National Geographic : 1926 Jan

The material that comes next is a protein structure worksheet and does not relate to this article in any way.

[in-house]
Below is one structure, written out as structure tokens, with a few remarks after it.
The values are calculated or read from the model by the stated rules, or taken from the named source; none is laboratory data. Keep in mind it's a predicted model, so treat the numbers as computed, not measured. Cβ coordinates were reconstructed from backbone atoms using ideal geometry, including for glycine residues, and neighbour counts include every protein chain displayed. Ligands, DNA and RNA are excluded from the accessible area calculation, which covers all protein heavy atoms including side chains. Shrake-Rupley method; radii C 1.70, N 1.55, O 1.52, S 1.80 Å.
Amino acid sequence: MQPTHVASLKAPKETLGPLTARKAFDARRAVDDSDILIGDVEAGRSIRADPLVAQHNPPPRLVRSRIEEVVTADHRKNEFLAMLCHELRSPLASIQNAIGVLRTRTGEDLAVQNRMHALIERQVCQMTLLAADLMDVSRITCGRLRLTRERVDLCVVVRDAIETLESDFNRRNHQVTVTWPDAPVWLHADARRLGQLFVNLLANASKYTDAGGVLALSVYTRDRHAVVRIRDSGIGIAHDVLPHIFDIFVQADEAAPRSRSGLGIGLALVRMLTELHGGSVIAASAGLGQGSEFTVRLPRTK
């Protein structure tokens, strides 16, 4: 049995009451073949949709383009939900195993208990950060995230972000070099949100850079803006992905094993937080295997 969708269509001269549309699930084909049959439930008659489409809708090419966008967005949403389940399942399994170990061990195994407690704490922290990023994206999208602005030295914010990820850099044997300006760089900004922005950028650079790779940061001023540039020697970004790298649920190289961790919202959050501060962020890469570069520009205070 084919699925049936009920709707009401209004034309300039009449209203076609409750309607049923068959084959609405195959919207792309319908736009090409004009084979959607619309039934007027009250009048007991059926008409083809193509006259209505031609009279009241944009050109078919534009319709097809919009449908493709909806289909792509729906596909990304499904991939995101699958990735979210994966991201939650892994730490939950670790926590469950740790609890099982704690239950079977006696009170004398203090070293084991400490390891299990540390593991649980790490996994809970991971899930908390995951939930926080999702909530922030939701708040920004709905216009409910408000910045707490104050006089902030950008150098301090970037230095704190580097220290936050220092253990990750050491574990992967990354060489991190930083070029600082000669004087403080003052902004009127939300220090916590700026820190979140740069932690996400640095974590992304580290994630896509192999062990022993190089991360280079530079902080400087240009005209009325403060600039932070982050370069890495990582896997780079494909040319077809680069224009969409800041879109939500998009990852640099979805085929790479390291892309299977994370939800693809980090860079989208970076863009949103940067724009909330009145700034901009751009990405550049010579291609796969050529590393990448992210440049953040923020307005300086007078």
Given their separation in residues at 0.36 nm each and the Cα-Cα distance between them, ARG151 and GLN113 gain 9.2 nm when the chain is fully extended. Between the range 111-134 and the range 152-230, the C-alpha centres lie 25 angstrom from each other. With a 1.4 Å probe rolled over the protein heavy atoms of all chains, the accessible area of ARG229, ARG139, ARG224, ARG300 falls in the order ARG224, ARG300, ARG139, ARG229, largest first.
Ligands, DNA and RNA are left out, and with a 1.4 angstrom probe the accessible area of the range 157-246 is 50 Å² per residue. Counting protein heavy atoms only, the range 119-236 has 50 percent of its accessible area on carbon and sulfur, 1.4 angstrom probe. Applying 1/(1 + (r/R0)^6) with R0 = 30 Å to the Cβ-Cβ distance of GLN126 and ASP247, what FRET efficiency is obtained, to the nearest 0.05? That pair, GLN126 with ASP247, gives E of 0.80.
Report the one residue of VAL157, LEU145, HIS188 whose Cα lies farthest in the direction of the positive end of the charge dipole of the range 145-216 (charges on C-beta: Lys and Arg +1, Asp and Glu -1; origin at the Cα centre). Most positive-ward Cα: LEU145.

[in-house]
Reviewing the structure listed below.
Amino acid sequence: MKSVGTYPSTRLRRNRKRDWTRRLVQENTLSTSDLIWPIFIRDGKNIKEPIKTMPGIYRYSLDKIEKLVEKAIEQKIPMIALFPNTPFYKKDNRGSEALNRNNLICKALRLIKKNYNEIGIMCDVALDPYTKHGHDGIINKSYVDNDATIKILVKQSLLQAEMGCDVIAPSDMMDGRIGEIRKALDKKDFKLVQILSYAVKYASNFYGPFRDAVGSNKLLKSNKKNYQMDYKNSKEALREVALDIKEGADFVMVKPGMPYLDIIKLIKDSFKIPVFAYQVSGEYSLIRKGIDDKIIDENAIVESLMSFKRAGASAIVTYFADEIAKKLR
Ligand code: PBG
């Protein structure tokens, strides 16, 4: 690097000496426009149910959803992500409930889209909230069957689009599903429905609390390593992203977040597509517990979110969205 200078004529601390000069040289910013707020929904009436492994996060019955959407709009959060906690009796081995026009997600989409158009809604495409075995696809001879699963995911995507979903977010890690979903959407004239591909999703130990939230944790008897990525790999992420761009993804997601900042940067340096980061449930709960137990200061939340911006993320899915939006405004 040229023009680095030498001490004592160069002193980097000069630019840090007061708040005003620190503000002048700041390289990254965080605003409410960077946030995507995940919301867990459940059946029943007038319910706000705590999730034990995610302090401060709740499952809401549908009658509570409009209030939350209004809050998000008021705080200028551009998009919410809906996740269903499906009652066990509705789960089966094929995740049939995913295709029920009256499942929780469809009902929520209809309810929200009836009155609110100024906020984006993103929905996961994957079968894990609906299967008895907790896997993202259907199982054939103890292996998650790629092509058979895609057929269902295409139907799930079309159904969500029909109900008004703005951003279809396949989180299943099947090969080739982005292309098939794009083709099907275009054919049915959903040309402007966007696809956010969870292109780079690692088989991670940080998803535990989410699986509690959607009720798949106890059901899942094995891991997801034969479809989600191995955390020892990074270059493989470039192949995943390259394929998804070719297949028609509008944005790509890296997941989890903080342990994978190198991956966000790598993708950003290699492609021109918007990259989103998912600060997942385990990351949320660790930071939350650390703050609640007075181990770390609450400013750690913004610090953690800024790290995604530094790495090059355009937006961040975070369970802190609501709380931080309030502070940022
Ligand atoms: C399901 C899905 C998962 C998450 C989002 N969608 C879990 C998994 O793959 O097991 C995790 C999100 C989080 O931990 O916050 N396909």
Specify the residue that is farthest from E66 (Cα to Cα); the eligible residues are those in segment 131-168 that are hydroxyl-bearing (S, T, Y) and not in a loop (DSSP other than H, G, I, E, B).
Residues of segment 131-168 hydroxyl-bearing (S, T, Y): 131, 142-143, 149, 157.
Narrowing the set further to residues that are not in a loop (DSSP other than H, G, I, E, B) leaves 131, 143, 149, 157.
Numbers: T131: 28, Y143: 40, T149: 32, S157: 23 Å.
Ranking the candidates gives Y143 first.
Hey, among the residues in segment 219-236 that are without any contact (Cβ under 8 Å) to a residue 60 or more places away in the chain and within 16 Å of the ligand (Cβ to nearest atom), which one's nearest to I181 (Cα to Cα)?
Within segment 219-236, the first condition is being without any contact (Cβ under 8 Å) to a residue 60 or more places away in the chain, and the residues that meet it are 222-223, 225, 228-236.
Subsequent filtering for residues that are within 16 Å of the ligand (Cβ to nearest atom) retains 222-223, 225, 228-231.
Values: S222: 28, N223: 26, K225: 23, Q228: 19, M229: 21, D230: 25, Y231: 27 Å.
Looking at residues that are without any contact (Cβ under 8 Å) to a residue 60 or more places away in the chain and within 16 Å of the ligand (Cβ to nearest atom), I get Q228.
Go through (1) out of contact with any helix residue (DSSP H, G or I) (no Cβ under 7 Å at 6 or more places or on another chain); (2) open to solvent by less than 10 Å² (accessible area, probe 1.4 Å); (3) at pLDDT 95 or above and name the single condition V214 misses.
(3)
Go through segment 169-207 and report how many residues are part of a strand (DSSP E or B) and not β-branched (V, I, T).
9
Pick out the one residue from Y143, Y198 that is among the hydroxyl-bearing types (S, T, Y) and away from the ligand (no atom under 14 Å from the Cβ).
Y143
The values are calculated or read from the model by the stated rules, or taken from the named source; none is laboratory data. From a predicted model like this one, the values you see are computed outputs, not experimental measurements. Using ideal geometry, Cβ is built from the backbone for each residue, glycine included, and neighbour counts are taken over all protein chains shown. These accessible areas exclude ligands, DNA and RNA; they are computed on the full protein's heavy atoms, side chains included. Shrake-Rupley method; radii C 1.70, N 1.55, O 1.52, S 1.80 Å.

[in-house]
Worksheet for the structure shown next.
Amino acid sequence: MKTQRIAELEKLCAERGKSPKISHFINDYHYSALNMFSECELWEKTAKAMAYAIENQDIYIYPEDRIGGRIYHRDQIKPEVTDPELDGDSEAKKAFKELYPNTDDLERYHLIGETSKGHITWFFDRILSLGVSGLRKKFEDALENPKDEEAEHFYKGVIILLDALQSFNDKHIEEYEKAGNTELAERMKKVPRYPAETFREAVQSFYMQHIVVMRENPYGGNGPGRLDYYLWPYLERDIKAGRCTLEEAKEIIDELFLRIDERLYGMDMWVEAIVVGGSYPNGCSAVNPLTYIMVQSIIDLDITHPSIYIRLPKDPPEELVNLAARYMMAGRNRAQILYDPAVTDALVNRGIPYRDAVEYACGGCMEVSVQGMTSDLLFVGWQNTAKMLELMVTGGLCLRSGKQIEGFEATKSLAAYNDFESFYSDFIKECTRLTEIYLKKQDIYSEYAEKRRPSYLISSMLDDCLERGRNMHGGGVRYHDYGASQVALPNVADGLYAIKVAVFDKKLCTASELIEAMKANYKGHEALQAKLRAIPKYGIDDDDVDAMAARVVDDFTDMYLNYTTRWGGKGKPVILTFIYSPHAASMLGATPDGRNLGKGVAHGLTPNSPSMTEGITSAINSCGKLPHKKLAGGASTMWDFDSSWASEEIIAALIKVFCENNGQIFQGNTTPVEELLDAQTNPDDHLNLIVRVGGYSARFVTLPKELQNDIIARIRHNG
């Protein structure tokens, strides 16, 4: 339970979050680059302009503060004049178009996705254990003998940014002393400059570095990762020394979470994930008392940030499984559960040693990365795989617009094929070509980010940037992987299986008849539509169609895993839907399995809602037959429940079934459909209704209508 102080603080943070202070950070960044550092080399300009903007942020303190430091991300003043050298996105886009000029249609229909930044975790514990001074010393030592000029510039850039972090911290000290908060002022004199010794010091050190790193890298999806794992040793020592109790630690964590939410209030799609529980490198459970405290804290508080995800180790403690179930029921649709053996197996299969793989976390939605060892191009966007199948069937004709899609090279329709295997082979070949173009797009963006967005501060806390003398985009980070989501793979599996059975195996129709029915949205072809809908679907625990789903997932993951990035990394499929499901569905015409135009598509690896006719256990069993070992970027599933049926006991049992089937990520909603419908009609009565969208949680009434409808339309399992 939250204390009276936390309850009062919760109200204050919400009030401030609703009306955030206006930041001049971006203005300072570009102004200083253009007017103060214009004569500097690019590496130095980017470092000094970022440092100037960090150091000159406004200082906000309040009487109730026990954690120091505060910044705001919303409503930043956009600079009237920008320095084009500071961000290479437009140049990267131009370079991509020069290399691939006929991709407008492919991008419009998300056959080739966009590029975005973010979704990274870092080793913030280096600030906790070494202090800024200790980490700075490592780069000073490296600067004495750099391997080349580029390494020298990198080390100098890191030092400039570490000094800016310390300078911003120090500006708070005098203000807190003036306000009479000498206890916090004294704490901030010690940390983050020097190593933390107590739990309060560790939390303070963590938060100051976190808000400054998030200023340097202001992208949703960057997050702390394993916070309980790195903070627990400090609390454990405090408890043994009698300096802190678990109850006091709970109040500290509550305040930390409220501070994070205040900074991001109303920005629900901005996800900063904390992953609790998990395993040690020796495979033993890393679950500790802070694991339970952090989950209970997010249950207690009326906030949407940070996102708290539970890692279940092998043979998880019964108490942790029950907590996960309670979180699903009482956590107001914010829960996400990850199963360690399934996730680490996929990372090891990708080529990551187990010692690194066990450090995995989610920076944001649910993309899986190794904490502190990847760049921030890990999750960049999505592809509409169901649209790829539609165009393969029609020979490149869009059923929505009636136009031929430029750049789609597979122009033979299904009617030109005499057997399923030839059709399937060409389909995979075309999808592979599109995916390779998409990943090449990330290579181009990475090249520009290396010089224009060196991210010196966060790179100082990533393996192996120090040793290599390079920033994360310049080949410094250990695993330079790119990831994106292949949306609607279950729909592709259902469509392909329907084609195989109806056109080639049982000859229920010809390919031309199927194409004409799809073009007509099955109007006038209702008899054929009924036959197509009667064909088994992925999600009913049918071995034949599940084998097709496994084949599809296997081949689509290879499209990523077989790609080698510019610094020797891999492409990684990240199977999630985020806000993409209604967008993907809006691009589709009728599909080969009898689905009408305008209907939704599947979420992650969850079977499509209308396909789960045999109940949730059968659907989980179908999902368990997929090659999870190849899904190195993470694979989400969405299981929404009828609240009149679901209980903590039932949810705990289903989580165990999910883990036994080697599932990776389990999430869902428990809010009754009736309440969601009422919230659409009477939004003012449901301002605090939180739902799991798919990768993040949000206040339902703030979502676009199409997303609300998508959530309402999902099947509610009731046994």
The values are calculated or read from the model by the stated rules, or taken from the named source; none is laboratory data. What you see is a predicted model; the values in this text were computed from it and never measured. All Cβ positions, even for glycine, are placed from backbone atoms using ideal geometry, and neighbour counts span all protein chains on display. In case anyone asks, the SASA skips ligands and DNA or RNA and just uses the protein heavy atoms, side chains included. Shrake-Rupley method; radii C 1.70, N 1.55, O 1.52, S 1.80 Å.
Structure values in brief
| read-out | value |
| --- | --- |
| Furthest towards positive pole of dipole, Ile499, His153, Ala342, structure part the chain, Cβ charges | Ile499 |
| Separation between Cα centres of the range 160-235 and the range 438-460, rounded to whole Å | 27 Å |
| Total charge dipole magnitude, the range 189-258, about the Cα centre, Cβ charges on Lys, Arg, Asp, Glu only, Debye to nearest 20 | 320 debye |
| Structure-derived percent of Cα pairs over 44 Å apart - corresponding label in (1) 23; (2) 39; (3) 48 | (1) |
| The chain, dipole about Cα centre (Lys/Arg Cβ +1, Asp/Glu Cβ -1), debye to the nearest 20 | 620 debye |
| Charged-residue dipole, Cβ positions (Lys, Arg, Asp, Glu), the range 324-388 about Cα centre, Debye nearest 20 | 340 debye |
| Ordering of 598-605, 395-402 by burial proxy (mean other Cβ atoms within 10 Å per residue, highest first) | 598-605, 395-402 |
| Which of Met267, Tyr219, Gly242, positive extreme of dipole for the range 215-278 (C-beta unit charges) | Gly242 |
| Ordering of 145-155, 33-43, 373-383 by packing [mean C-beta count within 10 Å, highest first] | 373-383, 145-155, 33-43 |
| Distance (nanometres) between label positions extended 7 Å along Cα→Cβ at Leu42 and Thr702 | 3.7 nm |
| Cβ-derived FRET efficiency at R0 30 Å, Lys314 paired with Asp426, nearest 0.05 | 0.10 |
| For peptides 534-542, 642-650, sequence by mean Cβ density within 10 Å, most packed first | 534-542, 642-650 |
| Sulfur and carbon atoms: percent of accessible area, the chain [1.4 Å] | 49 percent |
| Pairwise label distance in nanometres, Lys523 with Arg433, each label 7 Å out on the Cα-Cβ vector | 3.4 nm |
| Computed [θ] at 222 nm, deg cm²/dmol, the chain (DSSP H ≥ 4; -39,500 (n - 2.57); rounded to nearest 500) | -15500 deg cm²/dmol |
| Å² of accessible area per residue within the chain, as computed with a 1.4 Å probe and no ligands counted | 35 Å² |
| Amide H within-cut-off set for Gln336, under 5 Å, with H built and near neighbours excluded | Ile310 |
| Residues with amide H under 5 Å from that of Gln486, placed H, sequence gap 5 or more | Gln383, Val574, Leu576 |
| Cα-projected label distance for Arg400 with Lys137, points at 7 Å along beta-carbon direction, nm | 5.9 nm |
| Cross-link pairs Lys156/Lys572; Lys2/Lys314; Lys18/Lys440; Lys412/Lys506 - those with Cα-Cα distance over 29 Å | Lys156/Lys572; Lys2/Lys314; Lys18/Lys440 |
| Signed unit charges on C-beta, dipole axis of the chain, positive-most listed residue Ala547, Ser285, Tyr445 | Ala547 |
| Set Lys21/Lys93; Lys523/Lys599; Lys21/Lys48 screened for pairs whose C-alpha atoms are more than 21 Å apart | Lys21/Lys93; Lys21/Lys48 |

THE NATIONAL GEOGRAPHIC MAGAZINE I Photograph by Frank E. Caldwell ON THE AVIATION FIELD AT RENO, NEVADA This is the last scheduled stop for the Air Mail in its flight to San Francisco. At the base of Table Mountain, Bitter Creek leads westward between tinted col umns of sandstone pinnacles to Green River. The fertile headwaters of this "Colorado of the West" were once the favorite spring rendezvous for the rival British and American fur companies. A mail plane on an errand of mercy visited those headwaters two winters ago, speeding a doctor to Pinedale, where a dying man lay snow-bound on the slopes of the Wind River Range. Leaving Green River, the Union Pacific swings northward, hugging the valley of Blacks Creek, while we struck boldly west across the most desolate and inhospitable section of any we had thus far seen. For 40 miles the course lay above a country that God had seemingly forgot ten. Even the hardy sagebrush could not endure such a cheerless home. Ugly, waterless gulches wandered lost in the cracked and cauterized earth, and the whole bleak, lifeless landscape sim mered in the fires of an unconsoling sun. The last outpost of civilization seemed to have receded beyond recall, while we hung like a suspended speck, an ineffectual wa vering thunder, at the heart of an oppres sive mystery. WATCHFUL HANGAR CREWS READY TO RUSH TO AID OF PILOTS Yet, for the Mail pilot, the curse has been largely lifted from this forsaken land. He knows that his progress is being closely timed by the watchful han gar crews, advised by radio of his depar ture from the last Air Mail field. Within an hour or more, should he be forced down by weather or motor trouble, anx ious teammates will be scouring the coun tryside to find him and bring him aid. On Granger's Bench, a broad ledge creeping slowly toward us, Lester Bishop once had occasion to test the warmth of this fraternal bond. A sudden snowstorm had swept over the benchland, out of the Uinta Moun tains massed to the south. Blinded by the swirling sheets of snow, Bishop had been forced at last to "sit down"; but he kept his engine idling, hop ing the visibility would improve. Within wm .^IJ- ! .